PRINCIPLE OF CATHODIC PROTECTION
Corrosion is a natural process of a metal back to its original state of ore.
The best known example is the rusting of steel. Corrosion is an electrochemical process that occurs in an electrolyte (water, soil, etc.) and resulting in the deterioration of anodic areas to the benefit of cathodic areas on the surface of the metal.
Anodic and cathodic areas are at different potentials due to the heterogeneity of the metal or the electrolyte. Other phenomena such as stray currents can create anodic and cathodic areas on the same structure.
If the metal to be protected is made more negative than a certain value (criterion of -850 mV/CuSO4Cu), corrosion becomes negligible.
The external current to be applied for polarization can be generated by two methods galvanic anodes or impressed current.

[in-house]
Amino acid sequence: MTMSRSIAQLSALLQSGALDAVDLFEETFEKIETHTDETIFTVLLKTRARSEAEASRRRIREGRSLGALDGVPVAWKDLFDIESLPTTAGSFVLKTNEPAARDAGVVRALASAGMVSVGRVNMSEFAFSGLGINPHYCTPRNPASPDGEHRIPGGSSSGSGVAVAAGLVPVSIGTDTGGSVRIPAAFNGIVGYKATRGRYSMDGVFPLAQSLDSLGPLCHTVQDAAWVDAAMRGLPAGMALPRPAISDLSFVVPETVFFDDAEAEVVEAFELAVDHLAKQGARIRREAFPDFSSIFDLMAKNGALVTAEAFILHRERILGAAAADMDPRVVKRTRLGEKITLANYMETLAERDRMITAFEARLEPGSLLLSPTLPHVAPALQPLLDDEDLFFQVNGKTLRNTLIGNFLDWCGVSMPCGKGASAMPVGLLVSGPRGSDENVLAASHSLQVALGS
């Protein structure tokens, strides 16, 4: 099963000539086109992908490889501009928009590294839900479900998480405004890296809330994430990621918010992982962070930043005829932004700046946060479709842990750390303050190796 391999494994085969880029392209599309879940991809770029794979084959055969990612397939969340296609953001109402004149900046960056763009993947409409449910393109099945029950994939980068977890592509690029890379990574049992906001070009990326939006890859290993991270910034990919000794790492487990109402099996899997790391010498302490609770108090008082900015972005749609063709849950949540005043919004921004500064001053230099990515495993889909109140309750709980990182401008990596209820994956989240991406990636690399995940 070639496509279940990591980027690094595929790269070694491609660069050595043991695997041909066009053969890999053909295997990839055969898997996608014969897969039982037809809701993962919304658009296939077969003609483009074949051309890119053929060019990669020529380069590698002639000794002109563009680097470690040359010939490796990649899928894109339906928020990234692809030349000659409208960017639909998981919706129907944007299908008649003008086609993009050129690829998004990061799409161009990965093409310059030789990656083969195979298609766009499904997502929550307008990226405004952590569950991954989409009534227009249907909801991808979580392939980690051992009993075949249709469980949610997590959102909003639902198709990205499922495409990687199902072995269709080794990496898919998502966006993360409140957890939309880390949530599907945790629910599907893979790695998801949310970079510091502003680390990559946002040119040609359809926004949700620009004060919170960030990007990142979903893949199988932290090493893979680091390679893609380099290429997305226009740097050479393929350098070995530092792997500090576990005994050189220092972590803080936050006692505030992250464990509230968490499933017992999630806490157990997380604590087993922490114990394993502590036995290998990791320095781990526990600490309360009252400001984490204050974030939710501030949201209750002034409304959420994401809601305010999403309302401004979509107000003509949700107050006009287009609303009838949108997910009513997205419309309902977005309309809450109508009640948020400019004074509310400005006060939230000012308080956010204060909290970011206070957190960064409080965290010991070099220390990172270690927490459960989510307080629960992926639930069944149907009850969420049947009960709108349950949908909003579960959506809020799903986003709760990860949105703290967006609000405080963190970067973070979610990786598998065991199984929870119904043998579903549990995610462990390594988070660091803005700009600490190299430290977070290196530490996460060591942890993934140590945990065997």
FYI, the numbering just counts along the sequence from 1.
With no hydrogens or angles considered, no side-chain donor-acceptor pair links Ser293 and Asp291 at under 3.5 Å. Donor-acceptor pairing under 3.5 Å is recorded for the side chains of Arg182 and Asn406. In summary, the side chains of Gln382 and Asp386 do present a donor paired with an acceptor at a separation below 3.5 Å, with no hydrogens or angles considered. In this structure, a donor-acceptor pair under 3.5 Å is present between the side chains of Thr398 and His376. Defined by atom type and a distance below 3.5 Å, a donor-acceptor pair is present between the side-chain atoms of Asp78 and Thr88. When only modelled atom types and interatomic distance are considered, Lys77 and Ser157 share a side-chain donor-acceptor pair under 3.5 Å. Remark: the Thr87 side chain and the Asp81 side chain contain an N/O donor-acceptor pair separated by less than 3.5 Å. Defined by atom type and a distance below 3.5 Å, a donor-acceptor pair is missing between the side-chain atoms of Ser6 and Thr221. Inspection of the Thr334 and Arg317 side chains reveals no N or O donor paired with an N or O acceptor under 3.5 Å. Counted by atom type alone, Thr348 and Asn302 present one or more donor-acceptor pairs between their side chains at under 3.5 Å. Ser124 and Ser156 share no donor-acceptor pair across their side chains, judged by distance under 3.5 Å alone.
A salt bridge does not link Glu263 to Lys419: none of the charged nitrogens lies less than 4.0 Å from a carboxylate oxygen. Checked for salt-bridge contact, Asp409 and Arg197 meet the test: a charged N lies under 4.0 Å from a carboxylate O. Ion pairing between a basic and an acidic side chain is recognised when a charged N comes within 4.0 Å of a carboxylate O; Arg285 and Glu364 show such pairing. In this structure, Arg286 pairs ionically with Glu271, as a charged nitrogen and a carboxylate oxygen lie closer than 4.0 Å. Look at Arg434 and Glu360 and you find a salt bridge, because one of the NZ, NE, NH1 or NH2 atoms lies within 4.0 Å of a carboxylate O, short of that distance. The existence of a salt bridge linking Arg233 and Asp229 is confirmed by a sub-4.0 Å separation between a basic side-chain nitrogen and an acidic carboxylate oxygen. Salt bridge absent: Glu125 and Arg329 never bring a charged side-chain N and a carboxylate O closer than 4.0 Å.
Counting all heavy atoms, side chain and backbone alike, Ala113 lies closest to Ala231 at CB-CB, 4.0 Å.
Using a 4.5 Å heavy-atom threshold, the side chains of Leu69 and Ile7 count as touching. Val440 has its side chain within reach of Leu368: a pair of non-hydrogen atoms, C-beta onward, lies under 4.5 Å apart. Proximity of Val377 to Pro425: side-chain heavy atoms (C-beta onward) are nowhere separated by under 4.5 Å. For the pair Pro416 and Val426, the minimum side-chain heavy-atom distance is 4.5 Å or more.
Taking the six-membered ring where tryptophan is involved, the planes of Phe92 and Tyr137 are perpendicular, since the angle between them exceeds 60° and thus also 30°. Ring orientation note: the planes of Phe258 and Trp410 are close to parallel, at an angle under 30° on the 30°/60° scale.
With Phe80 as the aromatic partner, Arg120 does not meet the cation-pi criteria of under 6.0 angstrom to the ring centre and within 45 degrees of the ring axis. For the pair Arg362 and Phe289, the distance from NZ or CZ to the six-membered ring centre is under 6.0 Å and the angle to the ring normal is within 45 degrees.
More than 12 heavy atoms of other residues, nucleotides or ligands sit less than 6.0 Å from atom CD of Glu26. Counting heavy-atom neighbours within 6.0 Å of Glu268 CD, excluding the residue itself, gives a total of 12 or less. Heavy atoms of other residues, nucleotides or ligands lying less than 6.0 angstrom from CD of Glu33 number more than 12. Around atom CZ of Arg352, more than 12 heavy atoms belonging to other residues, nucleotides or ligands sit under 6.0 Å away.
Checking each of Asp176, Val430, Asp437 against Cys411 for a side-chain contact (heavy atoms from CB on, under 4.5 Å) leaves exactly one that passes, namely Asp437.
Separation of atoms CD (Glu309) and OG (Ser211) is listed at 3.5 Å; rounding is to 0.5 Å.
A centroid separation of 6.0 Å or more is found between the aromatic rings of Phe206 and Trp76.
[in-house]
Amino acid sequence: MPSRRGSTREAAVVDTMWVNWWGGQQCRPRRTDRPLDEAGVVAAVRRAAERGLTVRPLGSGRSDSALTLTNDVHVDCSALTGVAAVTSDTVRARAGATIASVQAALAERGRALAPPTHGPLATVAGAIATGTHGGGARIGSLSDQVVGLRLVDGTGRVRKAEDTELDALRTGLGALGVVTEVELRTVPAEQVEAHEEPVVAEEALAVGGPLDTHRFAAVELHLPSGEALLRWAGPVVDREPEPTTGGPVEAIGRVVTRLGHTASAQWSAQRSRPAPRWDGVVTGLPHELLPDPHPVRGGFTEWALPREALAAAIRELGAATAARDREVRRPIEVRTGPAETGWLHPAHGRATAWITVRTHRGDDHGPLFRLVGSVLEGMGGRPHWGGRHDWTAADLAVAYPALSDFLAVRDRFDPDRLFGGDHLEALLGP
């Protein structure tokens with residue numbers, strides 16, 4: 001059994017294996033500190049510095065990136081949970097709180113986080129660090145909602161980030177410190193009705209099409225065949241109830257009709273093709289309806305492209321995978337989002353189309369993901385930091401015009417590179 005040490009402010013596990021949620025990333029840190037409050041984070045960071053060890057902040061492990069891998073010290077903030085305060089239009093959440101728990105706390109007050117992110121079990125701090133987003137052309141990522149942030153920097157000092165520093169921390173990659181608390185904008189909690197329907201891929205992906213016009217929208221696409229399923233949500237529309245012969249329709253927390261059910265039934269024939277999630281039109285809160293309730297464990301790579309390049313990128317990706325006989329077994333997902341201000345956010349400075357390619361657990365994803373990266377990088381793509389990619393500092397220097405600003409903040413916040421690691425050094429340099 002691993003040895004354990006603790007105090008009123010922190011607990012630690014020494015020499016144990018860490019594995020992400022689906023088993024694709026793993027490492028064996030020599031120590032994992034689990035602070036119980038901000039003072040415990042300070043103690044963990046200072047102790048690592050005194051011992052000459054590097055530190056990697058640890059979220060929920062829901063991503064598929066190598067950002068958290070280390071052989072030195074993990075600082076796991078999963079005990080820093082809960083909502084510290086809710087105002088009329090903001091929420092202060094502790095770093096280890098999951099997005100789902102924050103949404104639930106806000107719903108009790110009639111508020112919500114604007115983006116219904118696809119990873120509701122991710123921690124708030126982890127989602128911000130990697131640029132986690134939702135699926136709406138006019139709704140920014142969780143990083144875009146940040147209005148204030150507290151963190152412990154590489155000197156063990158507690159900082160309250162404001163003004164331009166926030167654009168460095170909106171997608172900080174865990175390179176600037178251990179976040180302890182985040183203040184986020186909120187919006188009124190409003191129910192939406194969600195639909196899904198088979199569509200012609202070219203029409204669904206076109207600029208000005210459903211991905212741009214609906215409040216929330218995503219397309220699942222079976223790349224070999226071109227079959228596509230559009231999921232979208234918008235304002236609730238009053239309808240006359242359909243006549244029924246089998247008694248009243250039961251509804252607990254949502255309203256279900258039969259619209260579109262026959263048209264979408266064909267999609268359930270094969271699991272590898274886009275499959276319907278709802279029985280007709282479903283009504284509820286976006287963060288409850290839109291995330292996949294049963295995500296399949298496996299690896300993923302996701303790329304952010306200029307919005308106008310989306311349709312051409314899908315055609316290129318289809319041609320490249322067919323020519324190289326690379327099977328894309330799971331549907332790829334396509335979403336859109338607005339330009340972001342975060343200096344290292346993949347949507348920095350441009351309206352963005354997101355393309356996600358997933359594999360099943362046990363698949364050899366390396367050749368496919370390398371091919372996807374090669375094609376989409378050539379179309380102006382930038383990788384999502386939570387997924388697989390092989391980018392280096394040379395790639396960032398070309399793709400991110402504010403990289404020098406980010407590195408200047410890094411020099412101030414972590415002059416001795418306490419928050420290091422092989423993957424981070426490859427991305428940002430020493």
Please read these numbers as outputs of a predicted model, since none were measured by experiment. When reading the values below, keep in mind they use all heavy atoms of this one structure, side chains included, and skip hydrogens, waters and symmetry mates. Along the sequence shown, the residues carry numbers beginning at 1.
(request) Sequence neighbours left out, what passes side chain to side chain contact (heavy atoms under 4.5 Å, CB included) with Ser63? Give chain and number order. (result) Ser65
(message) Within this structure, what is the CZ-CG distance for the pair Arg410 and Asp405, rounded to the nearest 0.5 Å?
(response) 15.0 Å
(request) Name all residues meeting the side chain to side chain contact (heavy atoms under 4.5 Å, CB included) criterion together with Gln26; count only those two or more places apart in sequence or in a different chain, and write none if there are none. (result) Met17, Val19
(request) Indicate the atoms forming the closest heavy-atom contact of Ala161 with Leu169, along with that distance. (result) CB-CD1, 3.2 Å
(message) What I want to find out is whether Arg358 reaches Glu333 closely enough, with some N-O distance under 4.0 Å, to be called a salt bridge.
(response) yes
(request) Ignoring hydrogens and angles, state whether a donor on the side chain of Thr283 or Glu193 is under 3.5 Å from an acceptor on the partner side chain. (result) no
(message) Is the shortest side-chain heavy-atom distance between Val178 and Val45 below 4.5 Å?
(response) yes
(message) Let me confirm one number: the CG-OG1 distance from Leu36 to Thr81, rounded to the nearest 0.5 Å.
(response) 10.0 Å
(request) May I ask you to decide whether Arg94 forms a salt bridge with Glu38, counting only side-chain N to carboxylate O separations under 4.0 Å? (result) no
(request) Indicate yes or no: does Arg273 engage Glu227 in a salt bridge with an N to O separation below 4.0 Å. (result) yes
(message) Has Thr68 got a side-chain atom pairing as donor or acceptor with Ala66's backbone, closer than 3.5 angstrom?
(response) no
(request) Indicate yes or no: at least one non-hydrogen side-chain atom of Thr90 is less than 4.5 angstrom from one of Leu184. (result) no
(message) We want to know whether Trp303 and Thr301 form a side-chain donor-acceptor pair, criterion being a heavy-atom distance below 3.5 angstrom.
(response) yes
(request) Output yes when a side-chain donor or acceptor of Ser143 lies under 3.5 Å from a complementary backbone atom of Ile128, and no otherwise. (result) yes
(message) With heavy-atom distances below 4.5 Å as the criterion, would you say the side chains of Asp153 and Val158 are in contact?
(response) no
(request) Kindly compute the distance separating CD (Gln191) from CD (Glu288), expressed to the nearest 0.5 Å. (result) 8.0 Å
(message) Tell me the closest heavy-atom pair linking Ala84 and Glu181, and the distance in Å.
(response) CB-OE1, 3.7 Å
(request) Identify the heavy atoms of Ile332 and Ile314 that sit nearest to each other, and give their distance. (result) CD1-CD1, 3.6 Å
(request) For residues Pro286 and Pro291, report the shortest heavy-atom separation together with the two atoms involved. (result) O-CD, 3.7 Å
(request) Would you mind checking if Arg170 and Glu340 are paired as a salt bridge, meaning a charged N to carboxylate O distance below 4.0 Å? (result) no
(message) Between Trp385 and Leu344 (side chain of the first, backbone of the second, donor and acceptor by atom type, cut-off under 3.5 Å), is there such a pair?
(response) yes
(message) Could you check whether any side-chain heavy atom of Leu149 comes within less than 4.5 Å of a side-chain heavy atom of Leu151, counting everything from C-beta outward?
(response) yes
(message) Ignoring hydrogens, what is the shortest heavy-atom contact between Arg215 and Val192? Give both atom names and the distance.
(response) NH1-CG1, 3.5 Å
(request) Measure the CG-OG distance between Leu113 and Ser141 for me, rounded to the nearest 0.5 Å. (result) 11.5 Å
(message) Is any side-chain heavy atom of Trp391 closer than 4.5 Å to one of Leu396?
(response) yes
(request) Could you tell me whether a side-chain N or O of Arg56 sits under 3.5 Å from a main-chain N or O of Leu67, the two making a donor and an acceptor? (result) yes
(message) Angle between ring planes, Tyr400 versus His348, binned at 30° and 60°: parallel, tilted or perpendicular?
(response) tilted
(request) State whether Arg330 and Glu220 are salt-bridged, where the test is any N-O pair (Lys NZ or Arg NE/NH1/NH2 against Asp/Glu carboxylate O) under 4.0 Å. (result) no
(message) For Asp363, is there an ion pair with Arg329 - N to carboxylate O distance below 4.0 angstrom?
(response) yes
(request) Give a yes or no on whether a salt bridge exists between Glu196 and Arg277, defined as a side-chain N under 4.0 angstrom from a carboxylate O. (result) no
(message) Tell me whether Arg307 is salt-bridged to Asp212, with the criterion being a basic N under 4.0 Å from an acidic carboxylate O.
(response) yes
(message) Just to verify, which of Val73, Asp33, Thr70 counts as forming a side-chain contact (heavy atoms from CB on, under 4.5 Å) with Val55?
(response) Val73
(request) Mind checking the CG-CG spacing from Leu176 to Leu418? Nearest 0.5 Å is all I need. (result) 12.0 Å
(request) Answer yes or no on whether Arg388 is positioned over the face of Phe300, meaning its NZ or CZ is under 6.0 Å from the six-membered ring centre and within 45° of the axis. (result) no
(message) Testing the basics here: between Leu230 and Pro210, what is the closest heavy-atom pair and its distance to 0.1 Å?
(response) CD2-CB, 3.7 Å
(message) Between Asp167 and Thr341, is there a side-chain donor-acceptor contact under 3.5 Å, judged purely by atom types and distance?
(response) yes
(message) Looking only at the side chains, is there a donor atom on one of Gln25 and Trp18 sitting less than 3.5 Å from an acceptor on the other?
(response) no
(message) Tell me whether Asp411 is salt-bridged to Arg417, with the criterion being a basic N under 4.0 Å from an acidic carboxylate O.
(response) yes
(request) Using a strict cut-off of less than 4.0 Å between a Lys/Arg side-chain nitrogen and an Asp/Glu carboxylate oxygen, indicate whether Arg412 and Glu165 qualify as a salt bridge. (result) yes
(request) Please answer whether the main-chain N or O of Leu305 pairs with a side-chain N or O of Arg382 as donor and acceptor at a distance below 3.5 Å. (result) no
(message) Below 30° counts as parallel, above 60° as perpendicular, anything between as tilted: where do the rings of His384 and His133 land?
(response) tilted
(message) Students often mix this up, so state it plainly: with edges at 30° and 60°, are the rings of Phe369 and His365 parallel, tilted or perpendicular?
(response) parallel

Galvanic anodes: Galvanic or sacrificial anodes produce a current that will move from the anode to the cathode (structure) within the electrolyte.The metals used should be more electronegative than steel such as magnesium and Zinc for soils and aluminum in seawater.
Impressed current: The current is supplied by a DC generator such as a transformer-rectifier. The negative pole is electrically connected to the structure to be protected and the positive pole of the anodes such as graphite, ferrosilicon or Timmo anodes.
The potential criterion can be more negative than -850 mV when the metal is exposed to sulphate-reducing bacteria or less negative depending on the soil resistivity.
Any metallic structure buried or immersed in a conductive electrolyte (water, sols, etc) can be protected.
The applications of cathodic protection are : pipelines, ships, marine structures, steel in concrete, internal surfaces of tanks, etc...
- Steel pipelines (Oil, Gas, LPG, etc).
- Steel water lines
- Underground storage tanks
- Tanks bottoms
- Marine structures in steel